On the border of New York and Vermont, with a small portion crossing the Canadian border into Quebec, lies Lake Champlain, one of the top sportsman’s lakes of the Northeast, and an especially popular destination for ice fishermen in the winter.
At 490 square miles, Lake Champlain is the sixth largest freshwater lake in the United States, surpassed only by the five Great Lakes. (It’s a distant sixth; it is less than 10% the size of even the smallest of the Great Lakes.) In fact, in 1998 the United States Congress designated it the sixth Great Lake, a move that was met with howls of protest from various Great Lakes organizations and geography purists, and hastily rescinded three weeks later.
Usually by early December it is possible to ice fish in the northern bays and passages of the lake. Prime early season spots include Catfish Bay, Kings Bay, Missisquoi Bay, and the Hog Island Bridge in New York, and the Veterans Memorial Bridge between Rouses Point, New York and Alburg, Vermont.
By mid to late December the ice fishing season should be in full swing, as the frozen portion of the lake expands southward and toward the center of the lake. Spots that become popular as they freeze include the cliffs around Alburg, the Isle La Motte Bridge, Algonquin Bay, Bulwagga Bay, Converse Bay, Deep Bay at the Point Au Roche State Park, Monty’s Bay, and Whalons Bay.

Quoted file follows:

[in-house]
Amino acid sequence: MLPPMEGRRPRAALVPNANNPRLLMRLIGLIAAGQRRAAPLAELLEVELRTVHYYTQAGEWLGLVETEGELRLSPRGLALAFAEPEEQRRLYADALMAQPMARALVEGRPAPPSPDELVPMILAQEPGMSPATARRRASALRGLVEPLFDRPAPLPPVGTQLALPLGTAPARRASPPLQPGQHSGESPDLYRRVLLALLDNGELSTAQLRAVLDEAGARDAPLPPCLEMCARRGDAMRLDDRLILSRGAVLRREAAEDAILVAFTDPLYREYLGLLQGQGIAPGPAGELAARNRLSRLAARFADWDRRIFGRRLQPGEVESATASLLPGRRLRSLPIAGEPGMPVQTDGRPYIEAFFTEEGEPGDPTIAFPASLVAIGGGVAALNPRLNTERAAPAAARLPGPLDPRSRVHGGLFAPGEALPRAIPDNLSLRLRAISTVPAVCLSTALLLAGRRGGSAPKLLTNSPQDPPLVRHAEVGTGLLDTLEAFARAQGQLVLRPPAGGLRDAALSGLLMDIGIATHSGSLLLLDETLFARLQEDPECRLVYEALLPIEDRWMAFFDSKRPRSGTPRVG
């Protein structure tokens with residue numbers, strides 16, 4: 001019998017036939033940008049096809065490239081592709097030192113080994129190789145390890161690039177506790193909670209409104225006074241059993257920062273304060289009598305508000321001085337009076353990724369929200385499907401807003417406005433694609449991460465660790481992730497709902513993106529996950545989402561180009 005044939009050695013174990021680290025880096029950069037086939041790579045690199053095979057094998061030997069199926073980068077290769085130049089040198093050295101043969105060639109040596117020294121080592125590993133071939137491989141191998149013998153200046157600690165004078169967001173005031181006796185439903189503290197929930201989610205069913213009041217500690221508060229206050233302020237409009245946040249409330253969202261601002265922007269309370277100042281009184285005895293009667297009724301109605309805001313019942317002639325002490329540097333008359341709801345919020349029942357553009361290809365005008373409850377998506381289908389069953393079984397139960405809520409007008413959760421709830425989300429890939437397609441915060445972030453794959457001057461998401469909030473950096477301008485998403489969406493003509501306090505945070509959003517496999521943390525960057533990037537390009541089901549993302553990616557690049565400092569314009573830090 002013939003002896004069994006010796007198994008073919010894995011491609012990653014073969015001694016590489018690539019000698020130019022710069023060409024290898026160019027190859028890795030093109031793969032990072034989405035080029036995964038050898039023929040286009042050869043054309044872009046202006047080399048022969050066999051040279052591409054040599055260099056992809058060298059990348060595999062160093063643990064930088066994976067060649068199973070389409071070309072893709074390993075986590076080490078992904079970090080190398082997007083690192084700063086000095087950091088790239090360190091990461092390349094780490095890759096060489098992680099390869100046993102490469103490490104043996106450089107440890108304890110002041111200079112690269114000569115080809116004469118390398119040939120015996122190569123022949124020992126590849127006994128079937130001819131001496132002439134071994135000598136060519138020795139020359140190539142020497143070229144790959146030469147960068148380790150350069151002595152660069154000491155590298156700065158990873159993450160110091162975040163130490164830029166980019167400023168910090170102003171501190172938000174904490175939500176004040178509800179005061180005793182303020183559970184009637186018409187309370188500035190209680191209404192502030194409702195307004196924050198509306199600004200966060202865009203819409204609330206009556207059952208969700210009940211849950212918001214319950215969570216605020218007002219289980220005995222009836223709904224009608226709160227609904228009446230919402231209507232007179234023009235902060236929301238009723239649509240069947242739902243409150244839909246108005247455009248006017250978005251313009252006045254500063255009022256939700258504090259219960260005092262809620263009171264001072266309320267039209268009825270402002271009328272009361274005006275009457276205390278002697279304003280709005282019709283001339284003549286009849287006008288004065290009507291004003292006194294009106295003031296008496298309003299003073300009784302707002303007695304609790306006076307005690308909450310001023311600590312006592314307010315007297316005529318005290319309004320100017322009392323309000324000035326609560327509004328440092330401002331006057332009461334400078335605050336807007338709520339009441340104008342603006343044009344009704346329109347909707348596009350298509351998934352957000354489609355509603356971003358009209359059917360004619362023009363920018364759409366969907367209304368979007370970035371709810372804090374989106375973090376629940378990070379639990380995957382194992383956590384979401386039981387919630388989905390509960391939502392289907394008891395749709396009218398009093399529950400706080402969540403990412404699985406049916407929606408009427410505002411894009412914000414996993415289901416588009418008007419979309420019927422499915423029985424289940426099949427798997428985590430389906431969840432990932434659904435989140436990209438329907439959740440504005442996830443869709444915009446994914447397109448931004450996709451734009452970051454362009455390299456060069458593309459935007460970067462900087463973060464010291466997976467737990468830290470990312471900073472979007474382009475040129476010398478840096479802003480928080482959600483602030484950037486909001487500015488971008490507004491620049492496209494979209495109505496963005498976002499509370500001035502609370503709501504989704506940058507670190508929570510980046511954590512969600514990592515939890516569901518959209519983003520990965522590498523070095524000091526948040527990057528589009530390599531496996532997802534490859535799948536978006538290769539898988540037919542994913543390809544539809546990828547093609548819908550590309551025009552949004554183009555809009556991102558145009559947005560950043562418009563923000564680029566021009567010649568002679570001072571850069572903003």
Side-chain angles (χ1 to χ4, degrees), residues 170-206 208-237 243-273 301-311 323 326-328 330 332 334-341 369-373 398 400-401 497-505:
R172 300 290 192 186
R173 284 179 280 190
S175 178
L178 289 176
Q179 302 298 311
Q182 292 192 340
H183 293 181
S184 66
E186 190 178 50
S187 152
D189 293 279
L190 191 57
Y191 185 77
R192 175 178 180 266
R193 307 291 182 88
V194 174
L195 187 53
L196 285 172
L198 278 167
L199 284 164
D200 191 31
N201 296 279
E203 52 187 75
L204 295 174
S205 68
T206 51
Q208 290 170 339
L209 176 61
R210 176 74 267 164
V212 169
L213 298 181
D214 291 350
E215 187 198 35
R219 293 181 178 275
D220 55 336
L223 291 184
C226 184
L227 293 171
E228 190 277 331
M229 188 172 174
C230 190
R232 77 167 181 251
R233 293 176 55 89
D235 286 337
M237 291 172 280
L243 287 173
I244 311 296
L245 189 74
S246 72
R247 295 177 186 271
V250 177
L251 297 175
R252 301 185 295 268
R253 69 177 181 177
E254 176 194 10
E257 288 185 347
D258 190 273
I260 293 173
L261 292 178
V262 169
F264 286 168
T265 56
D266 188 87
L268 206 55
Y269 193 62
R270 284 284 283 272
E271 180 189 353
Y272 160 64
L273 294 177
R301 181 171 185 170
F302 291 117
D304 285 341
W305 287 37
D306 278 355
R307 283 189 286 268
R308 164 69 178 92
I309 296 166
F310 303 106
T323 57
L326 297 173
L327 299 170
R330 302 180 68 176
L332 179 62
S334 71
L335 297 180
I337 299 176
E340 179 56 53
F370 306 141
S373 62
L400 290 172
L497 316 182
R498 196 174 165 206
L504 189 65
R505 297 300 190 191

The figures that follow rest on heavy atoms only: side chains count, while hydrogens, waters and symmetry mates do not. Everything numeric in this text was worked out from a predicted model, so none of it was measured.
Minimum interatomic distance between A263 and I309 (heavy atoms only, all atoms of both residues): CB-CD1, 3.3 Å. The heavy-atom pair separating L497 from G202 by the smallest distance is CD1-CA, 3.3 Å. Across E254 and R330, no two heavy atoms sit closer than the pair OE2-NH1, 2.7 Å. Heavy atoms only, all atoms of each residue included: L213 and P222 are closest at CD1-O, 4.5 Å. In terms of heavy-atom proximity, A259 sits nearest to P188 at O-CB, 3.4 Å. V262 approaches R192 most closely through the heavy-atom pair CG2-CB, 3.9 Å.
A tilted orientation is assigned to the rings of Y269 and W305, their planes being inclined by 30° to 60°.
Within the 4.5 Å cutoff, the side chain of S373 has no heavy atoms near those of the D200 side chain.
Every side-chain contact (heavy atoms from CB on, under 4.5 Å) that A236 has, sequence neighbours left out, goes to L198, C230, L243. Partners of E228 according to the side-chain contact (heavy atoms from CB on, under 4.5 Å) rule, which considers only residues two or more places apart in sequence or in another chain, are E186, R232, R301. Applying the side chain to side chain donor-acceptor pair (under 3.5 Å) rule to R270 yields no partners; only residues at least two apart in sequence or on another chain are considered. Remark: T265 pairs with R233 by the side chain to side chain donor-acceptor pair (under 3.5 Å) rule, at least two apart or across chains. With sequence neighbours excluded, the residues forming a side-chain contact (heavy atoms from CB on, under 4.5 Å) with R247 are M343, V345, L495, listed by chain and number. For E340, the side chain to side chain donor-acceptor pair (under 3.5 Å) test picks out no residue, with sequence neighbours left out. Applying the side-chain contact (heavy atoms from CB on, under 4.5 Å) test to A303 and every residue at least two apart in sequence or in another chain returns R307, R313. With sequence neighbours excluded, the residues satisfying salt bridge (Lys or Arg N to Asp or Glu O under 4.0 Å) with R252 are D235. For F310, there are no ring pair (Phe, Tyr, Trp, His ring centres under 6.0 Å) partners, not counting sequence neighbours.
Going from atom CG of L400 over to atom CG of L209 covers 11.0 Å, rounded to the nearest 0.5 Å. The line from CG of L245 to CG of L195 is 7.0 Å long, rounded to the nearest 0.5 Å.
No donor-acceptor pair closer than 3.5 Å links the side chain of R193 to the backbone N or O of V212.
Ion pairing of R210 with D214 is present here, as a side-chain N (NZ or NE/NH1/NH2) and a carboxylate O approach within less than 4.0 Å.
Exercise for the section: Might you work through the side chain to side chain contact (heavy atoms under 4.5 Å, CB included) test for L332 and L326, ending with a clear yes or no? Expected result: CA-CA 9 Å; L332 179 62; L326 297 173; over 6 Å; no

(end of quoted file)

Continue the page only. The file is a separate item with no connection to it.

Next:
Yellow and white perch are the most common fish caught, especially in the shallower areas. Pike, salmon, walleye, and lake trout are also plentiful.
The smelt fishing is excellent in the deeper water areas, including Port Henry, Westport, and Willsboro Bay. As the deep water freezes, little ice shantie towns of smelt fishermen spring up, with a taxi service transporting people to the prime smelt areas from Port Henry.
Only some years does the lake freeze at its deepest point, between Burlington and Port Kent. This is considered a prime ice fishing area, when it can be fished at all. The deeper, midlake areas are especially promising for salmon and lake trout.
Large areas of the lake remain sufficiently frozen for ice fishing through at least late January. So most years you can get in two months or so of good ice fishing.
The Lake Champlain area has plenty of motels, lodges, and bed and breakfasts for out of towners, on both the New York and Vermont side. Burlington, Vermont is the largest city on the lake, followed by Plattsburgh, New York, and Colchester, Vermont.
Lake Champlain is even reputed to have its own Loch Ness Monster type creature, nicknamed “Champ” or “Champie.” It is not known where Champ spends his time when the lake is frozen over in the winter, but it is not considered likely that your fishing will be interrupted by a sea monster bursting through the ice and swallowing you up.
Keiichi Ishizuka, “Fishing from the Hole.” All Points North.
Jordan P. Niednagel, “Mission: Lake Champlain.” True Authority.
“Ice Fishing Locations.” Lake Champlain Angler.
“Lake Champlain: The Sixth Great Lake.” NY Traveler.